What does faithfulness, or fidelity, mean in your marriage? What does it look like? Are your boundaries strong enough to protect your marriage from an affair?
What got us started down this road of thinking is the observation that you can be in a committed marriage and never have sex outside that marriage for forty years, but still be giving members of the opposite sex a lust filled looking over.
This begs the question about what loyalty and fidelity mean in a marriage. If you proudly say “I am faithful to my wife… but that doesn’t stop me from enjoying the scenery”, is that really fidelity?
Let’s assume for a moment that we’re all clear that the extremes of unfaithfulness are wrong: we’re not talking about adultery here, or pornography use, or any act of physical intimacy, or even an emotional affair with a person you’re not married to.
However, disloyalty can go in all sorts of directions, and show up in many different ways:
- A wife makes a comment about some famous Hollywood actor being ‘eye-candy’? There is no hope of an actual act of infidelity occurring there, so is it OK?
- A husband rubber-necks as he drives through town on a warm summer day. Is it OK for him to check out other women?
- A spouse says, “Why can’t you look like that?” (Ouch…)
- Perhaps it’s just the joking and camaraderie that kind of fringes toward mild flirting – even in a group setting. Is this allowable?
While some definitions of fidelity are really clear (like having sex), others are very much going to be defined by each couple. In The Journal of Marriage and Family Therapy (JMFT), Blow reported that a breach of trust has more to do with the perspectives and beliefs of the individuals within the relationship than any overarching norms. In other words, the couple creates their own standards.
[Again, we’re holding this up in the assumption that we’ve already established that there are objective, moral boundaries that must not be crossed. Like, no sex outside of marriage. We are NOT promoting ‘open’ marriage; we promote the Biblical values of faithful marriage.]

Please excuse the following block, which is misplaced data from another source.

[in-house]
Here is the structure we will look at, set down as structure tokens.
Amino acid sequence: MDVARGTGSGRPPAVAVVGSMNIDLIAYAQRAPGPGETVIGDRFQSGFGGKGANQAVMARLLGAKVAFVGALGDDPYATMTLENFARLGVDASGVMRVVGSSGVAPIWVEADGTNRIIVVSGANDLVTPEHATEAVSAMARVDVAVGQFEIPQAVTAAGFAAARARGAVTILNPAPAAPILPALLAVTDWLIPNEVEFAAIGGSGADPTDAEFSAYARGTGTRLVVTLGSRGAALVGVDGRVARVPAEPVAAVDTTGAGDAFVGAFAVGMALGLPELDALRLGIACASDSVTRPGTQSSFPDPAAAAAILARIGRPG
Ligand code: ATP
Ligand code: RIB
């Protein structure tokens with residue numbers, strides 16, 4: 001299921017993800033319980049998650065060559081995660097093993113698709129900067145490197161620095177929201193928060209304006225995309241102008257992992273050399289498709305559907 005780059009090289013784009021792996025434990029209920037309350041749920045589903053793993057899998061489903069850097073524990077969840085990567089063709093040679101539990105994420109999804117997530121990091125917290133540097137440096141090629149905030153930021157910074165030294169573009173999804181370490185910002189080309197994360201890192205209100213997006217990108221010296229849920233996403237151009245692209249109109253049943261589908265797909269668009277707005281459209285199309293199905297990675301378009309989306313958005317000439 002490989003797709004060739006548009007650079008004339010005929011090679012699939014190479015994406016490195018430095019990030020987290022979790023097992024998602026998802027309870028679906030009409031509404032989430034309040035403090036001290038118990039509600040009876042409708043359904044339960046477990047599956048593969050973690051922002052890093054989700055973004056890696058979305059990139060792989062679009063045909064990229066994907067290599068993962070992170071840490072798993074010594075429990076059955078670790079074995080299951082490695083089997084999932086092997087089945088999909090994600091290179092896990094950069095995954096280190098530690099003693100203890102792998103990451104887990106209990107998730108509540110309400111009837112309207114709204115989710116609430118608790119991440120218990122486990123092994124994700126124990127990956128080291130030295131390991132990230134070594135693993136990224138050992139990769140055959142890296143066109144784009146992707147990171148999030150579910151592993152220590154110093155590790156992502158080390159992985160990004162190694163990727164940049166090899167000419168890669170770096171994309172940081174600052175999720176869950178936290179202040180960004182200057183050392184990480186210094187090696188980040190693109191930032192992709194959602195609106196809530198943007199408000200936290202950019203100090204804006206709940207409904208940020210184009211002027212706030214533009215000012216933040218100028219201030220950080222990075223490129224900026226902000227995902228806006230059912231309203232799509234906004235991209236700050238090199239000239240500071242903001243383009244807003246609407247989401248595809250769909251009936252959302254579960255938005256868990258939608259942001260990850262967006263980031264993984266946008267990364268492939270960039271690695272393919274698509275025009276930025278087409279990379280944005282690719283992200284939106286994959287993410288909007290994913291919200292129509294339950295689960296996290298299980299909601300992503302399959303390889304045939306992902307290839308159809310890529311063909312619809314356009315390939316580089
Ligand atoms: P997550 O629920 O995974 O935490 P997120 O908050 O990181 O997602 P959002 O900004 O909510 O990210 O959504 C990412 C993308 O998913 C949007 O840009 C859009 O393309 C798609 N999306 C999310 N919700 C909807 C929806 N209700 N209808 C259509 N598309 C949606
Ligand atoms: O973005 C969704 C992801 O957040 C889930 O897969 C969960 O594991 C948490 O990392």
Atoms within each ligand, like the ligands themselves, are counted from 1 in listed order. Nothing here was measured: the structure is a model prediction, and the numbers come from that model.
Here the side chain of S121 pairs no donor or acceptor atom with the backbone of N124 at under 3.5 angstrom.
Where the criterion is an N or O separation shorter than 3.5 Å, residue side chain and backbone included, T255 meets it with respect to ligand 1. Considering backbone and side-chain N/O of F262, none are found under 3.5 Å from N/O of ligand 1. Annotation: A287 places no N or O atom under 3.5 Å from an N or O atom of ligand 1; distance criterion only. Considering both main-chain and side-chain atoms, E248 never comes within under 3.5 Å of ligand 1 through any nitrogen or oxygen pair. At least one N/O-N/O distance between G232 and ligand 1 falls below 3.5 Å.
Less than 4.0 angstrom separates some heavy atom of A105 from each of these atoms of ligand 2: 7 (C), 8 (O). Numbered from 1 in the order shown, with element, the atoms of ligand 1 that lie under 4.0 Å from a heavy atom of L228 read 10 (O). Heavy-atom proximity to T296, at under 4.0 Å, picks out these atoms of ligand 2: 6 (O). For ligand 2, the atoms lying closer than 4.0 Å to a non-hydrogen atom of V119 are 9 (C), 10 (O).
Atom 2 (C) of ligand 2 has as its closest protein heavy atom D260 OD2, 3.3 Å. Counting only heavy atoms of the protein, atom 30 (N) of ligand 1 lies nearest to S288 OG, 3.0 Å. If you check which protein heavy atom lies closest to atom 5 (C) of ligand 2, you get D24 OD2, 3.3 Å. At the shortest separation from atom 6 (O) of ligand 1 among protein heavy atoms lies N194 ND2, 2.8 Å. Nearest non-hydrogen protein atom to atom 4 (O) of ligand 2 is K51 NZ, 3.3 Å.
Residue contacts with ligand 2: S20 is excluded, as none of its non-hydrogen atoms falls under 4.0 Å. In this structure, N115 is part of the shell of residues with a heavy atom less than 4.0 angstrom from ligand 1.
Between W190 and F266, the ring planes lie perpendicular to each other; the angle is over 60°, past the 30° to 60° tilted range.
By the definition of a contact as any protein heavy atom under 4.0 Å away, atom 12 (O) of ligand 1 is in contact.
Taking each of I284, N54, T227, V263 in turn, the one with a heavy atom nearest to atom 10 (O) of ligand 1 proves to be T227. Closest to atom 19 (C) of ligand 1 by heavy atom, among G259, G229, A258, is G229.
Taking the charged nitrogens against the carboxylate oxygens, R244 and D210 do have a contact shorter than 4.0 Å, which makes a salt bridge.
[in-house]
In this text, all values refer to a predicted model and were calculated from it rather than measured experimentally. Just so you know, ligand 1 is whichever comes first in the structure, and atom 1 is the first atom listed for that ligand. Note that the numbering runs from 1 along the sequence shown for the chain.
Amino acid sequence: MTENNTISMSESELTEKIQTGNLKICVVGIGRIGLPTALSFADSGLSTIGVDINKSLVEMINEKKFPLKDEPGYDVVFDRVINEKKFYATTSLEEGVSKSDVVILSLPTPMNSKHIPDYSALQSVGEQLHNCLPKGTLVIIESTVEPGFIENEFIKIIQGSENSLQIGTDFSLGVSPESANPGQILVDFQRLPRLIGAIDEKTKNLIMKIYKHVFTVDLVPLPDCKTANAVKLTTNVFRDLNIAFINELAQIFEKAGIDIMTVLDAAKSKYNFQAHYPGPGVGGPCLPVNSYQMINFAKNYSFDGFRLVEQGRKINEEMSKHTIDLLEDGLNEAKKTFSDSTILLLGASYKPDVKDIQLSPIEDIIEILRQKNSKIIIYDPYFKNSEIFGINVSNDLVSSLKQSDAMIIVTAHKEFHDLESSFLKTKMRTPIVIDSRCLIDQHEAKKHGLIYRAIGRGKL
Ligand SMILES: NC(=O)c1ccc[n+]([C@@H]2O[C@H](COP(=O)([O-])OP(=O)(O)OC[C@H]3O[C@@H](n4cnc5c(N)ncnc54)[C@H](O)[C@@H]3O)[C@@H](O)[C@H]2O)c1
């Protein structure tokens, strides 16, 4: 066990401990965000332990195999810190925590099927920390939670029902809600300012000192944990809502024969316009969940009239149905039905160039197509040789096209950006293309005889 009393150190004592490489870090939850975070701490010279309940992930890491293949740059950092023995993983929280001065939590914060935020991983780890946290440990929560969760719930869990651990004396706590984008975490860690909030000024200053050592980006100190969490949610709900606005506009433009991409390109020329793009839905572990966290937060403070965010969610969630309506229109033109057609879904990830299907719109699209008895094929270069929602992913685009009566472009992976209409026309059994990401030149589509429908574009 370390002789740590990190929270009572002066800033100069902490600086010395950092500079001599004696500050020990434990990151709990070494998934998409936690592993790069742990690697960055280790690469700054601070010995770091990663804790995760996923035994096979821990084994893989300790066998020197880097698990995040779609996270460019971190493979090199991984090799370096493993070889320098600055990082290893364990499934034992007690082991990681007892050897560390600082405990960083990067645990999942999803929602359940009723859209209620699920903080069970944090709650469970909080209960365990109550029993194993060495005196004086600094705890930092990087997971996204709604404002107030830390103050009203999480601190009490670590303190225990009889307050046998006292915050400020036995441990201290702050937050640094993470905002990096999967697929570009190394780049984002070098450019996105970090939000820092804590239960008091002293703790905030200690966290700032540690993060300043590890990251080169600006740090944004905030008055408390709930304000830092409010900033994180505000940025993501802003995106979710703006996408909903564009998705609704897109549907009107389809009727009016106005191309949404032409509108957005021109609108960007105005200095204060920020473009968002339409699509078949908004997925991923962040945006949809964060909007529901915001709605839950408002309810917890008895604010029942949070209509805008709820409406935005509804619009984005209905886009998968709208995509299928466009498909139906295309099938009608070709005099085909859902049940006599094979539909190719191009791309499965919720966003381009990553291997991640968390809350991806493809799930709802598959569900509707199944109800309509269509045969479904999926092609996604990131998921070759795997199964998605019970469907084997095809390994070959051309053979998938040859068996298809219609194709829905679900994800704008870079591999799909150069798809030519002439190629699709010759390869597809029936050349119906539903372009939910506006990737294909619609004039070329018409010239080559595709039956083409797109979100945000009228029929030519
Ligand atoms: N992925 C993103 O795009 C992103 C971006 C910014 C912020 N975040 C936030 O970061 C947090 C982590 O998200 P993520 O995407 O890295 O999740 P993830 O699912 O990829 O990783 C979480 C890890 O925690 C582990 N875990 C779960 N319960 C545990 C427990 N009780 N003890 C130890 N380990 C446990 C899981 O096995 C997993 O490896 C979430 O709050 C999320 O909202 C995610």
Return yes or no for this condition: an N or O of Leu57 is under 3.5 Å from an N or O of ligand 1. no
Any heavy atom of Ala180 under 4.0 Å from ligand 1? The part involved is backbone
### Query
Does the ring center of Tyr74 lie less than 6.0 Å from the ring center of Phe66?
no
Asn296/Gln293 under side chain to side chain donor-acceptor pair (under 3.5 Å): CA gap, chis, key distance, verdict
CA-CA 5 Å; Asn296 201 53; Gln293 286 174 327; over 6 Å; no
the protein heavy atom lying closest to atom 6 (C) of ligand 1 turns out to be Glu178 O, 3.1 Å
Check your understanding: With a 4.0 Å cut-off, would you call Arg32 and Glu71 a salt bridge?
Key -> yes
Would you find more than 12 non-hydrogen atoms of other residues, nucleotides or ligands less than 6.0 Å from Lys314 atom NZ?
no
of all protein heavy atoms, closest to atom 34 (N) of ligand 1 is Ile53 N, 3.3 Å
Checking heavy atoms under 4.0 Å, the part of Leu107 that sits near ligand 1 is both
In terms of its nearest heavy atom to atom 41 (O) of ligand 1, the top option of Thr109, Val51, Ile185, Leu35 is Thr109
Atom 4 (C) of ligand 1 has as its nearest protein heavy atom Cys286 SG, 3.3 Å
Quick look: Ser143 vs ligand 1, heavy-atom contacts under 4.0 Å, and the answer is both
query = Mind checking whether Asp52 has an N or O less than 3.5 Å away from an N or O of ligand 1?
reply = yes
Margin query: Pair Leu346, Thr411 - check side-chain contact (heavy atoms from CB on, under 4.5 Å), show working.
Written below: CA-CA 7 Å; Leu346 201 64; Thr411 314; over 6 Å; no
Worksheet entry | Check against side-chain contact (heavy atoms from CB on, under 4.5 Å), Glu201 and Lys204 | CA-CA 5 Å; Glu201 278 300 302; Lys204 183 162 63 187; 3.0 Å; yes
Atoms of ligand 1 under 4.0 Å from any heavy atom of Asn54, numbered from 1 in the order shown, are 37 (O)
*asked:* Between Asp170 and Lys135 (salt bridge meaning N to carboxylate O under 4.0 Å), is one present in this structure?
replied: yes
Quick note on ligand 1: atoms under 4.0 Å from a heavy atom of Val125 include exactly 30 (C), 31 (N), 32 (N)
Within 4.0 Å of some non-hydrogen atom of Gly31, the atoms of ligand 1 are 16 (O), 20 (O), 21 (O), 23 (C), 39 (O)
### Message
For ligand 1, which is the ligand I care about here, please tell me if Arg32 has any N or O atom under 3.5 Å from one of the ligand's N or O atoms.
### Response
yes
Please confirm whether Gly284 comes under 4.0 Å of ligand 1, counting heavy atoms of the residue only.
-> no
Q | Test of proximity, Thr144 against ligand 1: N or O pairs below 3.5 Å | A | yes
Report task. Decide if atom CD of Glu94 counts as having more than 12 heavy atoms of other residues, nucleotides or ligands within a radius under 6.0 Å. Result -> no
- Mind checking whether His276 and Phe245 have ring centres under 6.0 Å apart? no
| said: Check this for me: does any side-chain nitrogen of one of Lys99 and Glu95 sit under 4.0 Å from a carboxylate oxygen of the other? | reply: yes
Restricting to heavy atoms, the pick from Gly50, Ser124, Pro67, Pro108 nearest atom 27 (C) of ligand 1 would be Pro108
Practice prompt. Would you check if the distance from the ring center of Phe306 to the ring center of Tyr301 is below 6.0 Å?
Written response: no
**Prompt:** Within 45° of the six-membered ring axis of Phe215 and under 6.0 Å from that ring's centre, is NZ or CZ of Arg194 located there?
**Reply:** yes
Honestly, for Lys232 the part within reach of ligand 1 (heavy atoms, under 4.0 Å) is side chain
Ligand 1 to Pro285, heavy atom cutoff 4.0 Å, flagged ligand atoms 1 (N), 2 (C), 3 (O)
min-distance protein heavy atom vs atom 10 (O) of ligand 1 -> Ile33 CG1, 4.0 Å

For example, a wife or husband on a business trip sits down on the airplane beside an attractive, friendly member of the opposite sex. For one couple, the expectation might be to limit the interaction to a friendly greeting and then plug in the headphones or read a book. They’re comfortable with that boundary.
For another couple, it may be totally ok to have an engaging conversation and share pictures of your spouse and children. No flirting, just friendly and proper, and then that spouse relations the conversation when he/she gets home to the other spouse. Both spouses in that marriage are comfortable with that boundary.
Neither scenario is morally wrong. Does the second approach carry a higher element of risk? Yes, probably! This is where couples need to discuss what they consider reasonable and what they can tolerate in their marriage.
There is a subjective element to fidelity. Scheinkman and Wenecke in the Family Process also support this subjective aspect.
Nevertheless, here’s what’s so important to know. It IS a fact that there is a slippery slope from smaller disloyal thoughts and behaviours towards an affair.
The Clinical Psychology Science Practice (2005) pointed out that the decision-making process before extra-marital involvement consists of smaller decisions and steps. Like, having coffee with an opposite sex coworker…then spending more time with them…then engaging in more intimate conversation.
This is where we start to get some practical checkpoints for early warnings of infidelity. Following are two items you need to watch for in order to be proactively working against affairs in your marriage.
1. Pros VS Cons
Decisions to engage in extramarital involvement are conscious decisions that involve weighing potential costs and potential benefits. Ask yourself, am I doing a cost/benefit analysis about the behaviours or thoughts I am engaging in? If so, I could be on a slippery slope towards infidelity.
2. Suppressing Thoughts
Individuals who begin to develop feelings for a potential extramarital partner actively suppress thoughts related to that partner. This increases the intensity of the thoughts, which is problematic, but here’s the point: if you find yourself working to suppress thoughts, you have another signal to yourself that you’re heading into dangerous territory. Ask yourself: am I actively suppressing thoughts of another person?
Are you having thoughts that you’re trying not to think about? Are you weighing costs/benefits about interacting more deeply with someone? Are you rubbernecking?
You need to stop and own your thoughts and behaviours. Admit that you are having them, then ask yourself why? Have you become less vested in your relationship? Are you not getting what you need from your marriage? Is that because you’re not investing into it what you should be? Have you allowed yourself to believe things that aren’t true? (Like, a more attractive spouse will lead to better sex).
At the end of the day, we need to come back to the fact that “Commitment is one of the most important determinants of marriage stability” (Clements and Swenson – Current Psychology).
Don’t give your spouse reason for jealousy by lending your admiration to other members of the opposite sex. Show your commitment and have those conversations about what you’re both comfortable with. The willingness to discuss and uphold those values together is a huge step towards fidelity that will strengthen your marriage and make it resilient against unfaithfulness.